She stood on the Mansfield sidelines next to her father every chance she could and watched. Misail Tsapos’ little girl Katina couldn’t imagine doing anything else.
Misail coached soccer, officiated it, taught it, lived it and breathed it. Even in the middle of the Texas summer with the temperatures well above 100, Katina spent those hours with her father Misail running through drills to become a bona fide player.
The Byron Nelson junior center back spent one drill where she took feeds from her father, put the ball on the ground and had to make a choice on one of three targets to direct her pass. Repetitions ruled. Minutes turned into hours. But as far as she was concerned, time stood still.
“His love for the game really meant something to me,” Katina said. “It spread to me and I really loved it. He helped me figure out the game. Now, I understand why I love it.”
Katina played an instrumental part of her club team winning the ECNL national championship in Richmond, Va., two weeks ago. Playing the back line, the skillful Tsapos had an assist that led to the game-winning goal to knock off a team from North Carolina.
That’s just the finishing touch to what was a pretty incredible year. She split time between midfield and center back for Nelson in helping the Lady Bobcats to the Class 4A state semifinals in Georgetown. They lost in a heartbreaking shootout to eventual state champion Austin Vandergrift.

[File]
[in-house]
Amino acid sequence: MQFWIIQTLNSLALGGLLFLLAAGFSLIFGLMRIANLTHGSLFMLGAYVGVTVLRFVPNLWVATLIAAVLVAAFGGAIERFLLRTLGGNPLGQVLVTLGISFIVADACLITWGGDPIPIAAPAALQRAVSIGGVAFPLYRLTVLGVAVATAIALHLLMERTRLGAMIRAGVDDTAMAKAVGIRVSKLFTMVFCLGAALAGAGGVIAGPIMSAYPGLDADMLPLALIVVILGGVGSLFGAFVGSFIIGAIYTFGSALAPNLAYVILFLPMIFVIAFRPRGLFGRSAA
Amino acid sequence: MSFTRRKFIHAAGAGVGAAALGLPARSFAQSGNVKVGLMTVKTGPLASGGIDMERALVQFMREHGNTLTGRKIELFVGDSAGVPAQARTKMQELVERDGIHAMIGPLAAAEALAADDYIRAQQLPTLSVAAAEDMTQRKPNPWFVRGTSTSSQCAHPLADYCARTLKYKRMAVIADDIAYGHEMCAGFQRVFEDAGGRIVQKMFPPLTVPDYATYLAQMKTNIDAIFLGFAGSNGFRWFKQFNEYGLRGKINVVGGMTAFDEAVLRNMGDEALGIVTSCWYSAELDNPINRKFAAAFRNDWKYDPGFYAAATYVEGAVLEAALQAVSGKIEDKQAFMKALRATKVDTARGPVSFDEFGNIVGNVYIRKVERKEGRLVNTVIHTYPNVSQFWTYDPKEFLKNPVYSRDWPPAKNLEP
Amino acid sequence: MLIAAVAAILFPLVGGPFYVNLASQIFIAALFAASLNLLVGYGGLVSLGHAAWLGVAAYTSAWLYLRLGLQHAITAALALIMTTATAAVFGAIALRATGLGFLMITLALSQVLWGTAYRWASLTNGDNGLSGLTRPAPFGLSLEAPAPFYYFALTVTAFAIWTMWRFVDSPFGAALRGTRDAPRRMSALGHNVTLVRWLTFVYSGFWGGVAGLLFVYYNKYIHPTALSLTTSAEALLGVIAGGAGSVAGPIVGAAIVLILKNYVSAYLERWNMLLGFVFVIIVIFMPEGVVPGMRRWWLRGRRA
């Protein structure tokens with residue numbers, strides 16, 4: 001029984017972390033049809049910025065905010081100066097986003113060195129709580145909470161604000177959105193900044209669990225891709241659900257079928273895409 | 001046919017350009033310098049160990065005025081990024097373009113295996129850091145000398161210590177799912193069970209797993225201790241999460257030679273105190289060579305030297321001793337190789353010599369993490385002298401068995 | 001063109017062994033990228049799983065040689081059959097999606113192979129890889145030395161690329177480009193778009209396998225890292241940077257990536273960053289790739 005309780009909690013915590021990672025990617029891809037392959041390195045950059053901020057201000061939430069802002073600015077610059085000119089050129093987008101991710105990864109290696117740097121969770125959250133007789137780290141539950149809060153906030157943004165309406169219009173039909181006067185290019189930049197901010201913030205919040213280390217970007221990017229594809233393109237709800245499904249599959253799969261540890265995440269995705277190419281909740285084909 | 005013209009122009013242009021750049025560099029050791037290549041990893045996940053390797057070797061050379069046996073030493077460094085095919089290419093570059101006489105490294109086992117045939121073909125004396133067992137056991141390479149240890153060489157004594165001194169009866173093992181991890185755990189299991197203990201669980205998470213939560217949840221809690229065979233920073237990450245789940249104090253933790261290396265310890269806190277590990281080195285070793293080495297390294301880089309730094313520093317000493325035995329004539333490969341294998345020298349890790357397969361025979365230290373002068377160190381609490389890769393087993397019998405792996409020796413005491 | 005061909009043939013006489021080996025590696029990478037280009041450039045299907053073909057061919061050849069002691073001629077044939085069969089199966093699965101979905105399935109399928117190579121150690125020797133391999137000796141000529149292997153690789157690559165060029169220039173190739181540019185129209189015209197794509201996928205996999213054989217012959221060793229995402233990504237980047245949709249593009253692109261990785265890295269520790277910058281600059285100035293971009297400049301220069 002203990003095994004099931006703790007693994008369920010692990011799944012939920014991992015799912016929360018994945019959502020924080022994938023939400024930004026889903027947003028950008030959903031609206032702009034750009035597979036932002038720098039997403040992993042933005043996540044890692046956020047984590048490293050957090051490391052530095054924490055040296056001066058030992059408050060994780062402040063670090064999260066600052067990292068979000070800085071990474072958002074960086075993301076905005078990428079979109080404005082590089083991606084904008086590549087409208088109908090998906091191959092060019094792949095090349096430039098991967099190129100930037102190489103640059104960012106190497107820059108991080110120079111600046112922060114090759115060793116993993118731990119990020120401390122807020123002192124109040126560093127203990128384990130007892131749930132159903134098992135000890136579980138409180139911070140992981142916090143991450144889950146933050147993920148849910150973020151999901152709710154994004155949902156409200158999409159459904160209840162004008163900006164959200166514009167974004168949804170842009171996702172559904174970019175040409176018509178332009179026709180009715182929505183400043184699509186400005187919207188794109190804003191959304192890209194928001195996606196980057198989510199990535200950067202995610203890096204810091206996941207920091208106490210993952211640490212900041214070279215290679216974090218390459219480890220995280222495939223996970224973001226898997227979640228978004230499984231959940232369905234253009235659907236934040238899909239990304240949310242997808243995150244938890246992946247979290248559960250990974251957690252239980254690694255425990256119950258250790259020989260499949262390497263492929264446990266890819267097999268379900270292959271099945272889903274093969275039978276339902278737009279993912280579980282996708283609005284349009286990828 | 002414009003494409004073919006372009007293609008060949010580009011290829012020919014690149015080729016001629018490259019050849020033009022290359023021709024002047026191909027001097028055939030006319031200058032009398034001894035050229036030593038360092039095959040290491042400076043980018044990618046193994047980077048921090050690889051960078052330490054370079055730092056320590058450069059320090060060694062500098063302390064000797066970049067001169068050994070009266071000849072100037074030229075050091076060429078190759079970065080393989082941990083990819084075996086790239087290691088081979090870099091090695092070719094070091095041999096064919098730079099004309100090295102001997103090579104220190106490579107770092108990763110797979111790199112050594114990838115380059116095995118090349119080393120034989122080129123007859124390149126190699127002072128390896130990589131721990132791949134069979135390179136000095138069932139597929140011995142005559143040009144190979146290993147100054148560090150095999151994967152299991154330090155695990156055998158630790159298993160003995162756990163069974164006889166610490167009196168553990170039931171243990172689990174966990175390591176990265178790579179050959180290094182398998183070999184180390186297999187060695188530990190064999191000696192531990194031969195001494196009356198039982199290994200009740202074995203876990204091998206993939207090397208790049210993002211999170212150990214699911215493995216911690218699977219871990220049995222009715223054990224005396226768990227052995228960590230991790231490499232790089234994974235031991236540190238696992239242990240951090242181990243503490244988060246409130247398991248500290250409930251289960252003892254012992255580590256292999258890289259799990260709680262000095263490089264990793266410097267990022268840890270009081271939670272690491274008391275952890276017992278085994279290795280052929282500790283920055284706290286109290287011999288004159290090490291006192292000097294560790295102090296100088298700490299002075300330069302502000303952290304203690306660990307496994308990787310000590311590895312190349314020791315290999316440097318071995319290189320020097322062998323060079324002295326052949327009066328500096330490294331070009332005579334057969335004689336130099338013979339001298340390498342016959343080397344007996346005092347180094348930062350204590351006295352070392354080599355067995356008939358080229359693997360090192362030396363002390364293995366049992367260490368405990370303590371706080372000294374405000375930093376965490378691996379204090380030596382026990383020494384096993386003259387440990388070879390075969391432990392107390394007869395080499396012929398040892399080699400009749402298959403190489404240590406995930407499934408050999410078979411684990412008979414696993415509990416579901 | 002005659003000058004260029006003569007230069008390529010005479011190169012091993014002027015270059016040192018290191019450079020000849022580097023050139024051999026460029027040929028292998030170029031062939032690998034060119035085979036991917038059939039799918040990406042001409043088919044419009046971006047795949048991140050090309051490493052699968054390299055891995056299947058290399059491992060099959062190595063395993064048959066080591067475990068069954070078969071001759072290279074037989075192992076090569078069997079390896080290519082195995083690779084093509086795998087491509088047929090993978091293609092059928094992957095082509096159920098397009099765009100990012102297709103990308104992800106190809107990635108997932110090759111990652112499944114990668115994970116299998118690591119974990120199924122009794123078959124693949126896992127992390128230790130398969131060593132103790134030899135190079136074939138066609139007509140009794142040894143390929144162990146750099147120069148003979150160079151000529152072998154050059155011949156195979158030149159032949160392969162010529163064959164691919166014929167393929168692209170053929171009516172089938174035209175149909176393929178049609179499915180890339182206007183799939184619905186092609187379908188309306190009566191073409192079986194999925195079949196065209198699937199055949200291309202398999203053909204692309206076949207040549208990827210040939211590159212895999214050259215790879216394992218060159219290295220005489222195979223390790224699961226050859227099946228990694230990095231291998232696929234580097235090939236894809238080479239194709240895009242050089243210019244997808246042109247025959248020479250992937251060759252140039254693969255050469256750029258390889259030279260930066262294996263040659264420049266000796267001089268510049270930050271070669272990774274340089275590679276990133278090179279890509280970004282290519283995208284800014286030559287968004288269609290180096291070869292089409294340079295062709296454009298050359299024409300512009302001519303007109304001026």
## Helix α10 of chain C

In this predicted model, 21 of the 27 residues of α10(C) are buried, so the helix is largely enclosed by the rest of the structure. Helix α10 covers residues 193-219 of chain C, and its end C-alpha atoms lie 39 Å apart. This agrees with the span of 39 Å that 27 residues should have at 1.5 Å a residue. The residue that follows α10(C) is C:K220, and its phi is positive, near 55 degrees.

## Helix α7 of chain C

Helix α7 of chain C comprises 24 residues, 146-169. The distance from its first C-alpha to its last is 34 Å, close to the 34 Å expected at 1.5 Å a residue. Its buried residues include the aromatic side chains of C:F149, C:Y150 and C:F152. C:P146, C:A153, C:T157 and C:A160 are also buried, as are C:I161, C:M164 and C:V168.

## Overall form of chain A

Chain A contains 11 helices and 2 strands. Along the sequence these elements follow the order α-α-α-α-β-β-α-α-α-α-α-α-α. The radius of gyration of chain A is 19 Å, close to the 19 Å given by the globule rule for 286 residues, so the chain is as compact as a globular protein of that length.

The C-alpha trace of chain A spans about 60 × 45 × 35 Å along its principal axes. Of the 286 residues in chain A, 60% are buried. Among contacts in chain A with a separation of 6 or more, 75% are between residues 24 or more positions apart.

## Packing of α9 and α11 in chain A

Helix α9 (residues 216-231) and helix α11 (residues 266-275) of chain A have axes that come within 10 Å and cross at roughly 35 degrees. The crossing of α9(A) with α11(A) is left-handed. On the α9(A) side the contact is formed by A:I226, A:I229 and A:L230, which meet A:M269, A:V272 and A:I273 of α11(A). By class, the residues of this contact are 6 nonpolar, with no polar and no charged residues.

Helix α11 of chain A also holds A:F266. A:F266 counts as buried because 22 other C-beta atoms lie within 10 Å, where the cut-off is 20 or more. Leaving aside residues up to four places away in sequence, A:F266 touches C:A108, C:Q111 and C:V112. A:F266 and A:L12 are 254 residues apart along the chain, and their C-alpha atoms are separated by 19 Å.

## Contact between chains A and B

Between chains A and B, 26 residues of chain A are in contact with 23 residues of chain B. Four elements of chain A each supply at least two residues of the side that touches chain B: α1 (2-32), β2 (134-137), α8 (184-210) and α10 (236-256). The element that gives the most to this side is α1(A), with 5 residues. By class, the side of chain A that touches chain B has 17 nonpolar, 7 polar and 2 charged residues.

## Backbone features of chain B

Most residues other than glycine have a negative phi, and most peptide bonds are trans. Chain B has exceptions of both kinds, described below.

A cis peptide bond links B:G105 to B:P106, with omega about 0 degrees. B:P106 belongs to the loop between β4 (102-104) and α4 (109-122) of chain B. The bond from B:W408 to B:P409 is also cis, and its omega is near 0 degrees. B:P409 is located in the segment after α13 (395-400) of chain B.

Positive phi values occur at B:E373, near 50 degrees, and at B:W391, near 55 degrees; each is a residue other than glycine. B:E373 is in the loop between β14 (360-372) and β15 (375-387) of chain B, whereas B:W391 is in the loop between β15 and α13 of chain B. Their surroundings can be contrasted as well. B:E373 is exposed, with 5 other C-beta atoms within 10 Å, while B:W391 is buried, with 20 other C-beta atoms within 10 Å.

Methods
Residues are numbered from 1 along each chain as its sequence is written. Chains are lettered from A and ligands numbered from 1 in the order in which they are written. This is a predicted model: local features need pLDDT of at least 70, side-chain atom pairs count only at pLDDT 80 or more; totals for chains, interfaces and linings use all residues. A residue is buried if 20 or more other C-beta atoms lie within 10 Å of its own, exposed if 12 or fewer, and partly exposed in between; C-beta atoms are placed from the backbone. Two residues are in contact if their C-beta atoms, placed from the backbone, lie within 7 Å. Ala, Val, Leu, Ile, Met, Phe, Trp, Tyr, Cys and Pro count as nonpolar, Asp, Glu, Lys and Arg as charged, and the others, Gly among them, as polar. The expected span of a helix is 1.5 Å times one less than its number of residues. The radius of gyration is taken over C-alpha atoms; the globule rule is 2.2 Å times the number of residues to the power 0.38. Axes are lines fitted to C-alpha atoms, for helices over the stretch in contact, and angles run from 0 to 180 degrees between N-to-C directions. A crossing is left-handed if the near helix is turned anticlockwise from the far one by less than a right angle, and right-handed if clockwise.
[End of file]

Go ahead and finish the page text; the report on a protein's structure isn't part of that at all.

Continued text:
Misail watched or coached it all. He coached her club team and sat as a proud father in the stands for the state tournament run. Although he could have coached her at Colleyville Heritage where he works, Misail said he decided to let that situation ride and let her stay at Nelson.
“She’s played with my club team since the U9, which is why we left high school the way it was,” he said. “In my opinion, she’s a very technical player with great vision. Her speed and ability to receive the ball and make decisions very fast is something you can’t coach.
“Katina already sees the next play and already knows what to do a majority of the time in order to make the team go forward.”
Katina’s ability has already been spotted, even though she still has two more years to play. She has given a verbal commitment to SMU and passed up other opportunities with Houston, Mississippi State and Auburn.
Even though she doesn’t play for her dad at high school, Tsapos’ style is very similar to how Nelson girls soccer coach Philip Salyer runs his team.
“He just lets them play,” Misail said. “He explains to his team what he wants from his gameplan and wants them to execute it. Philip doesn’t scream at his players. He just wants them to be their best.”
And that will be the challenge when Nelson moves up to 6A and competing at a higher level. Nelson will be in 5-6A with the Keller schools and playing in a tough region with Flower Mound Marcus, Carroll and defending state champion Lewisville Hebron. But there’s a quiet confidence within the program that it can handle the transition.
“The national championship lets a lot of people know about the commitment we put into it,” Katina said. “We just have to work to be ready.”